AuthorHazam, John Eric,1947-
Committee ChairKrausman, P. R.
MetadataShow full item record
PublisherThe University of Arizona.
RightsCopyright © is held by the author. Digital access to this material is made possible by the University Libraries, University of Arizona. Further transmission, reproduction or presentation (such as public display or performance) of protected items is prohibited except with permission of the author.
AbstractI monitored desert mule deer (Odocoileus hemionus crooki) to determine their drinking frequency and water consumption in the Picacho Mountains in the summer of 1986 when temperatures were ≤46 C. Three radio-collared males consumed water 1 time/24 hours over 10 days. Deer consumed from 1.52 to 6.01 liters/visit (X = 3.70, SE = 0.13, N = 54). Females drank more (X = 4.16, N = 20) than males (X = 3.55, N = 24) during late summer (P < 0.05). To measure water consumption of large, free ranging mammals, I developed a technique using a microflowmeter. Water consumption was measured in 0.01 liter units and measurements were linear for volumes ≥1 liter. Field accuracy was within 1%. I observed nocturnal behavior from 250 m using infrared lights and high magnification lenses with a nightscope. Desert mule deer can be censused in summer based on the frequency that they visit waterholes. The minimum water requirements for a captive female desert mule deer (55 ml/kg⁰•⁸/day) indicate an ability to conserve water.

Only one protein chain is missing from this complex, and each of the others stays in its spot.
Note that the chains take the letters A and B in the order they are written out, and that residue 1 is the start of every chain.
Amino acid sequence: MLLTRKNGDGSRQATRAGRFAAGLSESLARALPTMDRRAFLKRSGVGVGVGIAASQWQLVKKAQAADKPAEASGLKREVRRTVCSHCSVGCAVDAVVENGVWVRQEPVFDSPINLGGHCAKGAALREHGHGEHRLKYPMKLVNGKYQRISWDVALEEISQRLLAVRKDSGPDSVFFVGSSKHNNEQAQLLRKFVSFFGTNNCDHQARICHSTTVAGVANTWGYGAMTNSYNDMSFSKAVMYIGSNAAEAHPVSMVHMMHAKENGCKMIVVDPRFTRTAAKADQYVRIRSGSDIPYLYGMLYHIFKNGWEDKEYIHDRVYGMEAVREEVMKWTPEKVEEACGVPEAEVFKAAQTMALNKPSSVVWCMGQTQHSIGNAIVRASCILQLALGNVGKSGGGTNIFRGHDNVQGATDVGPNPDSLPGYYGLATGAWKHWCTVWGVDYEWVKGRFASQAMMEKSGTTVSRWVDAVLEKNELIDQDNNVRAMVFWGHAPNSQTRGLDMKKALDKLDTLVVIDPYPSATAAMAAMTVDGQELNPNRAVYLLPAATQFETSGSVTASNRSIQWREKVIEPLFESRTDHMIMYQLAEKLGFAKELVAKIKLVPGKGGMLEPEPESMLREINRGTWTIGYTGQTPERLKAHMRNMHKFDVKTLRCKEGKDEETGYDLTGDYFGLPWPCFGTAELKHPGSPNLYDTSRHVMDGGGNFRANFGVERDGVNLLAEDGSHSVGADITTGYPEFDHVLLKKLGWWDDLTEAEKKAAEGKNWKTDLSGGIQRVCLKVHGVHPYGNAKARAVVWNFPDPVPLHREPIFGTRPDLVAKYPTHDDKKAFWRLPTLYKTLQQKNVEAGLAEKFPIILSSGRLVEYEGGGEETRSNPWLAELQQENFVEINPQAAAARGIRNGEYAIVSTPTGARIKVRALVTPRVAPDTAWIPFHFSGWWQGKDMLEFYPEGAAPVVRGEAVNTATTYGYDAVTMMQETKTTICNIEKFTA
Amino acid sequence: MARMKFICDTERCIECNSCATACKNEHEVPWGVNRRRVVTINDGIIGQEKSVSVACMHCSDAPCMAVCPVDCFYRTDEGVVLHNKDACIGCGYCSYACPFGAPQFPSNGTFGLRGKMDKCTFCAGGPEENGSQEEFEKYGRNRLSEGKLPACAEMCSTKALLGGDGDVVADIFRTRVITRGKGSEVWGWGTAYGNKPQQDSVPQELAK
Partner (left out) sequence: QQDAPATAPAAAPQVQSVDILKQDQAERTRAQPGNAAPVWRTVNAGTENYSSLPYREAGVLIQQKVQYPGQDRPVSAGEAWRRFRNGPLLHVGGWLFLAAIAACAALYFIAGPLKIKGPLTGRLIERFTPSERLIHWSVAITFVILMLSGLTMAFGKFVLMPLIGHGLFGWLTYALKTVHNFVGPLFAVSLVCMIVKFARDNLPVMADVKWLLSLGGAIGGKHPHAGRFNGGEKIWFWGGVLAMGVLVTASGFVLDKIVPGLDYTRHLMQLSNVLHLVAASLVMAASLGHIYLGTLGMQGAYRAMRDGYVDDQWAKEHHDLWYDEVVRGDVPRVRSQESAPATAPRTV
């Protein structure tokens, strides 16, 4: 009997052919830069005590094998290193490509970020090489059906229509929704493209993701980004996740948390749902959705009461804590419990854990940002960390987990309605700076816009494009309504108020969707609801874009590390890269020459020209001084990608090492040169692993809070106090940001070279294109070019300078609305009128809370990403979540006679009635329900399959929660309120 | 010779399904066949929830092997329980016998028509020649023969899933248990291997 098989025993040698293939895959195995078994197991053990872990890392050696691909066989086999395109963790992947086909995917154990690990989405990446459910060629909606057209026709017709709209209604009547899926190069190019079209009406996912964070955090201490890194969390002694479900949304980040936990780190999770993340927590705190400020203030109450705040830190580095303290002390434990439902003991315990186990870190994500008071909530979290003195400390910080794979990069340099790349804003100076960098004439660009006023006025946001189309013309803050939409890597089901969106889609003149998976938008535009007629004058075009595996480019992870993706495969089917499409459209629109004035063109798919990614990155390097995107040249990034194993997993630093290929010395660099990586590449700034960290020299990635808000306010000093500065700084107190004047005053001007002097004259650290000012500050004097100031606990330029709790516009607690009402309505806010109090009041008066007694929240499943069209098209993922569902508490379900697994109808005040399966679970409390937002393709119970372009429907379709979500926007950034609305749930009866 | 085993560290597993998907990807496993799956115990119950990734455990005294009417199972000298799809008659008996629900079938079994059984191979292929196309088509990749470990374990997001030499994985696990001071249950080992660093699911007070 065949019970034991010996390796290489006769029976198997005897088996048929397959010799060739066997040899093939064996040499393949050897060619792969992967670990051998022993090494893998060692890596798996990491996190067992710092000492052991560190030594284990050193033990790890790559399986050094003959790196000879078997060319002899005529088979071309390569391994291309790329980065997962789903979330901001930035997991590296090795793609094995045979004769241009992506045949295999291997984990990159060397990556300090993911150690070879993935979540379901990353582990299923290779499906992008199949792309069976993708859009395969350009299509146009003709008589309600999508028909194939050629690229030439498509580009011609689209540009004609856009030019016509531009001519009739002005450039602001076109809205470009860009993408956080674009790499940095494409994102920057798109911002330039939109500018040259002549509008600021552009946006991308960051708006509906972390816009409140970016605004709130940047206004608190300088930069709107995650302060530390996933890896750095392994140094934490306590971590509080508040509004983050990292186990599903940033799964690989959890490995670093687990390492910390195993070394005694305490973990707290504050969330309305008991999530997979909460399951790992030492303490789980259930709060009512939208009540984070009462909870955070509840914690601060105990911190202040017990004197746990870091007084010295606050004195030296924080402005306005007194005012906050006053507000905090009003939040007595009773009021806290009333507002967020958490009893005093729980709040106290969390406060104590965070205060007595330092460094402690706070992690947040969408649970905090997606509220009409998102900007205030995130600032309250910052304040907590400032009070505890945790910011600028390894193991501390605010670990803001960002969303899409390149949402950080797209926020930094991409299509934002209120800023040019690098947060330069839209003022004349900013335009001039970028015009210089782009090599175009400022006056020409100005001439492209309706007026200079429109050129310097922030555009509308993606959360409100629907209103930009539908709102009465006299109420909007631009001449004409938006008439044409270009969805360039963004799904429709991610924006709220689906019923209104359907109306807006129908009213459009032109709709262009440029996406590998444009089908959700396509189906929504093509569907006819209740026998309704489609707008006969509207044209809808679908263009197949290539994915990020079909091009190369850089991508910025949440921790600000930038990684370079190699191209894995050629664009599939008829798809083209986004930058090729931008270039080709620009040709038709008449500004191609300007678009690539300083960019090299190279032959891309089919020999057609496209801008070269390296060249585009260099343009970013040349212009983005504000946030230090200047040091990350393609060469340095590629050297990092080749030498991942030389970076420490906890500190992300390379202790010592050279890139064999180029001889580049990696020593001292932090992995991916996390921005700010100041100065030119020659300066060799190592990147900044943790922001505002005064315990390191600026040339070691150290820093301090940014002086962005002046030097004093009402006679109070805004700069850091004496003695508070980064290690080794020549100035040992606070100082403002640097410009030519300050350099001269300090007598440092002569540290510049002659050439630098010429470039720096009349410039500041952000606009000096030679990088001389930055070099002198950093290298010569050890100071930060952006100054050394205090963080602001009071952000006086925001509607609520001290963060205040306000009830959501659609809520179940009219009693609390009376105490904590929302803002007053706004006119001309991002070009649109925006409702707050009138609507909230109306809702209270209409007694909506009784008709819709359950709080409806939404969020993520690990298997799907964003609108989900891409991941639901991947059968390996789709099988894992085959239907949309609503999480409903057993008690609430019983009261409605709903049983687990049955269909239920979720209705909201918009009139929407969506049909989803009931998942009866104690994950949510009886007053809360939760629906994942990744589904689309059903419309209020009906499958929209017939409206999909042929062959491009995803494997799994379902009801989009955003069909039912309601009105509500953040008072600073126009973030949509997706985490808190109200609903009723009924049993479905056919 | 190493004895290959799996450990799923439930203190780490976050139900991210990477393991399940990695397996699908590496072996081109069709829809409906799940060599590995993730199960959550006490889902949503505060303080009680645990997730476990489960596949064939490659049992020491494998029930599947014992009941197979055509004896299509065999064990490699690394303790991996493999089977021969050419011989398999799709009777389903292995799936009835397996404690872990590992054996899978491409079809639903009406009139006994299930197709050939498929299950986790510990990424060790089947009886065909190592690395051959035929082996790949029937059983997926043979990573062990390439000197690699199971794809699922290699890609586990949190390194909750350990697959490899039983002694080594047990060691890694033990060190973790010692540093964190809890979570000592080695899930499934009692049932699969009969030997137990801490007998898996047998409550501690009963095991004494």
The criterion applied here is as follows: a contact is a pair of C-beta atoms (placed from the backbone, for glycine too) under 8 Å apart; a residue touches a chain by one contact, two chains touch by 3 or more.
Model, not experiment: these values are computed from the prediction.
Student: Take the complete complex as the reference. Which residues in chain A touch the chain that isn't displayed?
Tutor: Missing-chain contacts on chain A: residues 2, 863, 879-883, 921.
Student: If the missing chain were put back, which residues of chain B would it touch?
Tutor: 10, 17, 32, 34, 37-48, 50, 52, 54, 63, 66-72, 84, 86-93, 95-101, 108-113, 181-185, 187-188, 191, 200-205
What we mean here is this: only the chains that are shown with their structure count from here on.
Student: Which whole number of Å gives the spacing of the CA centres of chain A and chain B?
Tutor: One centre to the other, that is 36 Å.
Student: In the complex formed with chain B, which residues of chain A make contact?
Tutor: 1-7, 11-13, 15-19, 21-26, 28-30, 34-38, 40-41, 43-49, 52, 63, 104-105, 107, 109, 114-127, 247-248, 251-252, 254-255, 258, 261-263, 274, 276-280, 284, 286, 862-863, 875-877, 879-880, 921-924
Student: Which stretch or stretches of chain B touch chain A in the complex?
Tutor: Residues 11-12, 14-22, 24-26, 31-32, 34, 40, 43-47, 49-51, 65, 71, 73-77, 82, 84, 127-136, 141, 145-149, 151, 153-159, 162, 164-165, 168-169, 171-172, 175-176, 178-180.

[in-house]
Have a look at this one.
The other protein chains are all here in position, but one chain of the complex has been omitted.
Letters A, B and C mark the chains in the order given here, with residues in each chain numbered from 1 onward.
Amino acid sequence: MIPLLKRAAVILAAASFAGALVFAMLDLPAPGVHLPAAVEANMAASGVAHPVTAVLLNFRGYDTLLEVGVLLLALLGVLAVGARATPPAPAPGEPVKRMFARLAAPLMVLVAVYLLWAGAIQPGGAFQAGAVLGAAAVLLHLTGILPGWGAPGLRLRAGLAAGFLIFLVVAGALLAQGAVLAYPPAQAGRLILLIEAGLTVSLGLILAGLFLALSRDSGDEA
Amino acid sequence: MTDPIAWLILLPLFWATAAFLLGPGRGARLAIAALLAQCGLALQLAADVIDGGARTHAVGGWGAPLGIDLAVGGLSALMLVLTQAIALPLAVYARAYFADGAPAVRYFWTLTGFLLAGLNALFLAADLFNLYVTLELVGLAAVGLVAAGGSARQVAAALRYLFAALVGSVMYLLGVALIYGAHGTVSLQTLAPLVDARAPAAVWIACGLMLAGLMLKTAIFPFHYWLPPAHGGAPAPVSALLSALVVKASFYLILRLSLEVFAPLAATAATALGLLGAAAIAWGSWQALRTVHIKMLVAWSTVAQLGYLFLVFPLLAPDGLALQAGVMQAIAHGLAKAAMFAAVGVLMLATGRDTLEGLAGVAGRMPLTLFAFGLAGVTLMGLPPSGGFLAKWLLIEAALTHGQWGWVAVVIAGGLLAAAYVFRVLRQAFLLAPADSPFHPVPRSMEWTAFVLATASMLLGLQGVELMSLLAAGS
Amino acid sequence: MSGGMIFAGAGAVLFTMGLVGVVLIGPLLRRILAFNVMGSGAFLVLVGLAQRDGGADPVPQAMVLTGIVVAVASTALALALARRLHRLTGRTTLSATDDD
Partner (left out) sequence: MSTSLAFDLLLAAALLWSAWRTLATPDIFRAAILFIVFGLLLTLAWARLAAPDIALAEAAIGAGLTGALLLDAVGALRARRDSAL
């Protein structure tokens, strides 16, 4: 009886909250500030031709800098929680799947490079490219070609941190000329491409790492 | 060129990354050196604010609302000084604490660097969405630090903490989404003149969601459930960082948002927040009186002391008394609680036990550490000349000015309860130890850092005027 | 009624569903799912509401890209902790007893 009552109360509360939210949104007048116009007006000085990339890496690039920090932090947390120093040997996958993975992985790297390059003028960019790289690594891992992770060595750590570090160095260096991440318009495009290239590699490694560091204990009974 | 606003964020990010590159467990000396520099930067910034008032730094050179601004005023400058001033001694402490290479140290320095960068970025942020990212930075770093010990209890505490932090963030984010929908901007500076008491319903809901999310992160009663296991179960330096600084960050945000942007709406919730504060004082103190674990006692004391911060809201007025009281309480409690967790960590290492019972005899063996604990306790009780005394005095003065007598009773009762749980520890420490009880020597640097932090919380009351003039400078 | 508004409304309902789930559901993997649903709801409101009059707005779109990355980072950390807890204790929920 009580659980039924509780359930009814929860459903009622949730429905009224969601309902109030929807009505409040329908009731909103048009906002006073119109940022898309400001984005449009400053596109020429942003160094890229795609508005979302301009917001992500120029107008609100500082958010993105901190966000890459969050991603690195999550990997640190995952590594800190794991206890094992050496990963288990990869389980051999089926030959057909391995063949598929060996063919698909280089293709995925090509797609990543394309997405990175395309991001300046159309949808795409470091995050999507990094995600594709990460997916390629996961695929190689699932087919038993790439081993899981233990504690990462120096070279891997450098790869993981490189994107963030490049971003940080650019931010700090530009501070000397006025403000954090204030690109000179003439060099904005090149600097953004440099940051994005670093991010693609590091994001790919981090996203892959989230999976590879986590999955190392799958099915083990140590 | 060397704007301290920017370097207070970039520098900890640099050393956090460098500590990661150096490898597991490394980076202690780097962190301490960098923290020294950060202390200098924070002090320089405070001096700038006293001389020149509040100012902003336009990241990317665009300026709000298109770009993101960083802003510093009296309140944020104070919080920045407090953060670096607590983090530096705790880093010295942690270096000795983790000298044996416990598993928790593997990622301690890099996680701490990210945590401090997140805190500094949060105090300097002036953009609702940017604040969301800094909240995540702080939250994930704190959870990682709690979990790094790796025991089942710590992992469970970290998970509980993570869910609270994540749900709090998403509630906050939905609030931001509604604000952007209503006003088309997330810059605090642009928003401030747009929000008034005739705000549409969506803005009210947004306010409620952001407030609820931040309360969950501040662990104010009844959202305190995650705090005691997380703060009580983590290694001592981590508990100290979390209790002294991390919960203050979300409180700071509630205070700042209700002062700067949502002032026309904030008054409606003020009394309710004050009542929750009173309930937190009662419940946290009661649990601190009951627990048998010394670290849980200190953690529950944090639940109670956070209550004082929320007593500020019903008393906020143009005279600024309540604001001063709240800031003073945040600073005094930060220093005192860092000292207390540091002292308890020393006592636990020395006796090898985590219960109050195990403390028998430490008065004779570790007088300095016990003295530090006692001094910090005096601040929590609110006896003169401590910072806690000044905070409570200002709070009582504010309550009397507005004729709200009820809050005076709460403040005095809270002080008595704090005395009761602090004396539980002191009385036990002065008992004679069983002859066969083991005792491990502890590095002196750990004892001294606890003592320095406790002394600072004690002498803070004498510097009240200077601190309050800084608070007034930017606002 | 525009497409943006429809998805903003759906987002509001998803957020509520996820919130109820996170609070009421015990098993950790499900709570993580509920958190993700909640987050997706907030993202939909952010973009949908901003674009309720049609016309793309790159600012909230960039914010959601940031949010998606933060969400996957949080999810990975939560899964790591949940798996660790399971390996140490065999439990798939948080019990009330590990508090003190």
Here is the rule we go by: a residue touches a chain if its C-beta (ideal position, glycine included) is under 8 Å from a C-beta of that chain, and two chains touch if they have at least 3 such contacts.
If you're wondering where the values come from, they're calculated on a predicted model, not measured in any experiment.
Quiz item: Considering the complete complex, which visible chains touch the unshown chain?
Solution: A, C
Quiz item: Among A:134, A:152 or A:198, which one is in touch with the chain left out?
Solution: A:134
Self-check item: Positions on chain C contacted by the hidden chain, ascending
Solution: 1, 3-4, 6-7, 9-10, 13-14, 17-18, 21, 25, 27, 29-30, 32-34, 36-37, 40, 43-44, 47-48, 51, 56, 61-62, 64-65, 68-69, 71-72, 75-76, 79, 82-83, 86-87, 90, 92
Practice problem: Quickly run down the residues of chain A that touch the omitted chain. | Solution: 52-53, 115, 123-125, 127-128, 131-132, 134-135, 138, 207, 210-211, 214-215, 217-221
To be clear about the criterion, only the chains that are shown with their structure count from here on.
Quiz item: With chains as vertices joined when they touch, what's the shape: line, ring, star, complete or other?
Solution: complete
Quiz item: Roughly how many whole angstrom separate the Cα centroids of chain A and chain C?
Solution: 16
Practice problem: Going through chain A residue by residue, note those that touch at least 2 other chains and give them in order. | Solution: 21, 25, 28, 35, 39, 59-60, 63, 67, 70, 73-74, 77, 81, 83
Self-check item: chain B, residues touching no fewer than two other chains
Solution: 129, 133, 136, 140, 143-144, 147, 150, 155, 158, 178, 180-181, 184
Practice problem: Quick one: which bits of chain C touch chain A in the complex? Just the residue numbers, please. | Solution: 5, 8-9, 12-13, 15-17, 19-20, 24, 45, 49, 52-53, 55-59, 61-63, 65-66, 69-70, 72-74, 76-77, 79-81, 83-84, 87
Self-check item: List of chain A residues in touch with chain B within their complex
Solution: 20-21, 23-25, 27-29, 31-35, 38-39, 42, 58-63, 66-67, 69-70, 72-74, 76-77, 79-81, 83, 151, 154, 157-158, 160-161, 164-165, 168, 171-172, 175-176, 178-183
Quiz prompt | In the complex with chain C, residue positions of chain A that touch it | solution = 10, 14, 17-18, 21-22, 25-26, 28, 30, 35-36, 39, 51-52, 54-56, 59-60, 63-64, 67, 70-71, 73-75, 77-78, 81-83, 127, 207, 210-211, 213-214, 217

Degree ProgramRenewable Natural Resources